Arrested in Kerman on 24 February 2008, he was sentenced to death in late 2011 after conviction of “moharebeh” (enmity against God) in connection with his alleged financial support to the pro-PMOI TV station Simay-Azadi.
Three alleged PMOI supporters – Ali Saremi, Ja’far Kazemi and Mohammad Ali Haj Aghaei – were executed in Iran between 26 December 2010 and 24 Janaury 2011. All men had been convicted of moharebeh (enmity against God) in relation to contacts with the PMOI.
Blogger Vahid Asghari, who had hosted websites critical of the government, was sentenced to death on Friday after conviction in an unfair trial of “corruption on earth” for allegedly organising a “pornographic” network against Islam and the state.
Asghari had been held since May 2008. In October 2009 he said in a letter to a judge that he had been subjected to torture, forced to make a televised “confession” and forced to make spying allegations against high profile blogger Hossein Derakhshan.
Saeed Malekpour, a 36-year-old web designer and permanent resident of Canada, is also under sentence of death following a retrial on similar charges, which may be linked to Vahid Asghari’s case. A previous death sentence was reportedly overturned in June 2011.
Prior to his arrest during a family visit to Iran in 2008, he had created a program enabling photos to be uploaded online which had then been used to post pornographic images without his knowledge. He is alleged to have been tortured while being held in solitary confinement in Evin Prison for more than a year.
The government has officially acknowledged executing 17 people already this year, although Amnesty International has received information suggesting at least 39 people may have been put to death in the first week of 2012 alone.

Iran must halt execution of US national in ‘spying’ case | Amnesty International.

US expels #Venezuela diplomat over #Iran cyberespionage allegations

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Livia Acosta NogueraBy JOSEPH FITSANAKIS | intelNews.org |
The United States has ordered the immediate expulsion of the head of the Venezuelan consulate in Miami, over allegations that she helped coordinate a cyberattack against US government targets in 2008. The diplomat, Livia Acosta Noguera, was declared “persona non grata” (an unwelcome person) by the US Department of State last Friday, and was given 72 hours to leave the country. State Department officials refused to discuss the reasons for Acosta’s expulsion. But the BBC said that the expulsion order was prompted by a letter sent last month to US Secretary of State Hillary Clinton by four members of the US Congress. The letter’s authors reportedly raised concerns about a documentary aired in December by Univision, a US-based Spanish-language broadcaster, titled “The Iranian Threat”. According to reports, the documentary alleged that Acosta was part of a multinational team of diplomats from Venezuela, Iran and Cuba, who, while stationed in Mexico in 2008, helped orchestrate a cyberespionage operation against US targets. The alleged operation was aimed at computer servers belonging to the US government computer, including some at the Department of Defense, the National Security Agency, the Central Intelligence Agency, and the White House. Computer servers at several nuclear power plants across the US were also reportedly targeted. The documentary exposé, which later appeared in print in US-based Spanish-language newspaper El Nuevo Herald, included allegations that Acosta is in fact a member of the Bolivarian Intelligence Service, Venezuela’s foremost external intelligence agency. The allegations were refuted by several diplomats, including the Iranian ambassador in Mexico; but the US State Department reportedly decided to order the Venezuelan diplomat’s expulsion after consulting with the Federal Bureau of Investigation. News agency UPI reported on Monday that Acosta appeared to have left the country by Sunday afternoon, and that the Venezuelan consulate in Miami was closed. The agency contacted the Venezuelan embassy in Washington, DC, about Acosta, and was told that a statement about the expulsion would be issued by the Venezuelan government in Caracas. But Venezuela had not published a statement as of late Monday night.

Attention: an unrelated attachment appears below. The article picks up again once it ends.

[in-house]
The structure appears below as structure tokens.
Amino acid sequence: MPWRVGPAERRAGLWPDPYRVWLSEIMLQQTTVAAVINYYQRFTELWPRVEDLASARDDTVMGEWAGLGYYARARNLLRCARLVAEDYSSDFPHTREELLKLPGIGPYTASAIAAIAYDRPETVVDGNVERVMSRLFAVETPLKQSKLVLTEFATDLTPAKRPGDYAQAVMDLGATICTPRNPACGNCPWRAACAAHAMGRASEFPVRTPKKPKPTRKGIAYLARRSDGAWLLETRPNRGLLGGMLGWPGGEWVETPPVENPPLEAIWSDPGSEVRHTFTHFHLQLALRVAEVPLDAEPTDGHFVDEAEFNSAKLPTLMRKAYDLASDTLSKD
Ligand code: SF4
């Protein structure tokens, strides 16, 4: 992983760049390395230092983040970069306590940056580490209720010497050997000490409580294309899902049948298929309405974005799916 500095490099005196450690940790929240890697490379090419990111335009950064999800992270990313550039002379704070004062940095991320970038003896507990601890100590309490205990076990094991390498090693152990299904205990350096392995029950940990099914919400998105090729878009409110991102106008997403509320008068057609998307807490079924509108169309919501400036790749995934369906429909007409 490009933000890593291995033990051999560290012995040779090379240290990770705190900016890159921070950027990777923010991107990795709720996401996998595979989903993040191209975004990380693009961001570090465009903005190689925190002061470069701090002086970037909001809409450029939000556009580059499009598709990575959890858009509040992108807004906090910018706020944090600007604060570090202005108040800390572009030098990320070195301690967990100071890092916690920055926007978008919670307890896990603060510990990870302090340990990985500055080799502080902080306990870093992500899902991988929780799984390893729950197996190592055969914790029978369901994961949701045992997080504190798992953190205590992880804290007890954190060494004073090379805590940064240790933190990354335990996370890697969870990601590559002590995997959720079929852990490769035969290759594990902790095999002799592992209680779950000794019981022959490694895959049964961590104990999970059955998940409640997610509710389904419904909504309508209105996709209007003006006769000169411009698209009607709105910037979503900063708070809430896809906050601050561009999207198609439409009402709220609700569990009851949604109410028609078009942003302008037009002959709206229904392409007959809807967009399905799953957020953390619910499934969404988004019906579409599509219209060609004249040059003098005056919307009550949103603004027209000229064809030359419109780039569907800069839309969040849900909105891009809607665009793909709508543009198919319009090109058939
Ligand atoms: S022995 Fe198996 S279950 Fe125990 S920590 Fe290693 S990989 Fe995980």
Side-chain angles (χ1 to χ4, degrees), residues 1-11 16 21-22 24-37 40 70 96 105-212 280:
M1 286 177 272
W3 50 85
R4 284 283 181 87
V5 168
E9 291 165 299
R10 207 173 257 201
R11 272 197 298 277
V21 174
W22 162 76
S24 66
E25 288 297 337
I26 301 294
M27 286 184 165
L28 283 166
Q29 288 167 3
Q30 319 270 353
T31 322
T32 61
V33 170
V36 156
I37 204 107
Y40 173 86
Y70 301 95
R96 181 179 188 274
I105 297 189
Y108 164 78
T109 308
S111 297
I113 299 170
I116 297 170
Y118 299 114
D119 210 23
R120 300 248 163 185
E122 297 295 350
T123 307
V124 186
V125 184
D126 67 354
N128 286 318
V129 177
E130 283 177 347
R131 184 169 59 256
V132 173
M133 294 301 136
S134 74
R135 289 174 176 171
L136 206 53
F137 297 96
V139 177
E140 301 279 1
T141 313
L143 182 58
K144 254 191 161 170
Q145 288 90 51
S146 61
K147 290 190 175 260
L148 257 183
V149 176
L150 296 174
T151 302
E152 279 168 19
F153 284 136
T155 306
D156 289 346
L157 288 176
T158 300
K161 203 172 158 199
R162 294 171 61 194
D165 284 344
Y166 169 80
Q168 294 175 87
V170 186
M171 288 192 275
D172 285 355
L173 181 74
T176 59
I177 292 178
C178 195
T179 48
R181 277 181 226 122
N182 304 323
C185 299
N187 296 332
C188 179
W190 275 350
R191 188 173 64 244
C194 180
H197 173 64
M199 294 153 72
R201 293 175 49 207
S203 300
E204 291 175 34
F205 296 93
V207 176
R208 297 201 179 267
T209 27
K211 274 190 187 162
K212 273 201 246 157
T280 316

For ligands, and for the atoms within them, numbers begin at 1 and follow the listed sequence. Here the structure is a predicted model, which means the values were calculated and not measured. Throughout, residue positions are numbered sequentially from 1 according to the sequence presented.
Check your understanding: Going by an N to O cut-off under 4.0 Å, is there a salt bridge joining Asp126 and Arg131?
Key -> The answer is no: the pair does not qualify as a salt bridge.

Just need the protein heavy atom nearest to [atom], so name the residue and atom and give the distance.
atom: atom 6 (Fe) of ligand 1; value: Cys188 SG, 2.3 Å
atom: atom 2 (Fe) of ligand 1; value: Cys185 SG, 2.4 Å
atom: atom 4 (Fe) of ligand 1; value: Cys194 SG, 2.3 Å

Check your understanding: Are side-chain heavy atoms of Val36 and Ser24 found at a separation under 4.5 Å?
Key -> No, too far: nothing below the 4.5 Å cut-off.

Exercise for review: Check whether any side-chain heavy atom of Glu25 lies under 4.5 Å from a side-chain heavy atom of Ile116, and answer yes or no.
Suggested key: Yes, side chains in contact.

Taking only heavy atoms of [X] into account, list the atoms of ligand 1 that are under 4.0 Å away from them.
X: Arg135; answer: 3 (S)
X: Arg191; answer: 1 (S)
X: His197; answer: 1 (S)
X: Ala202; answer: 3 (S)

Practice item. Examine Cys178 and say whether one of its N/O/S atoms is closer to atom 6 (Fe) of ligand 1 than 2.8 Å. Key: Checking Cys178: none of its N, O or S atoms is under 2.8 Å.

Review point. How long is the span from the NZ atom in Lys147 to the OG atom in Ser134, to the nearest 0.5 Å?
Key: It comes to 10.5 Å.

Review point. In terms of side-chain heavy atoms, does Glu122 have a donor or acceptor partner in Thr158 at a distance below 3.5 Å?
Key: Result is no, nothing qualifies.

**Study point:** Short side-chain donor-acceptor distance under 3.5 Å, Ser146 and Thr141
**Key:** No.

via US expels Venezuelan diplomat over cyberespionage allegations.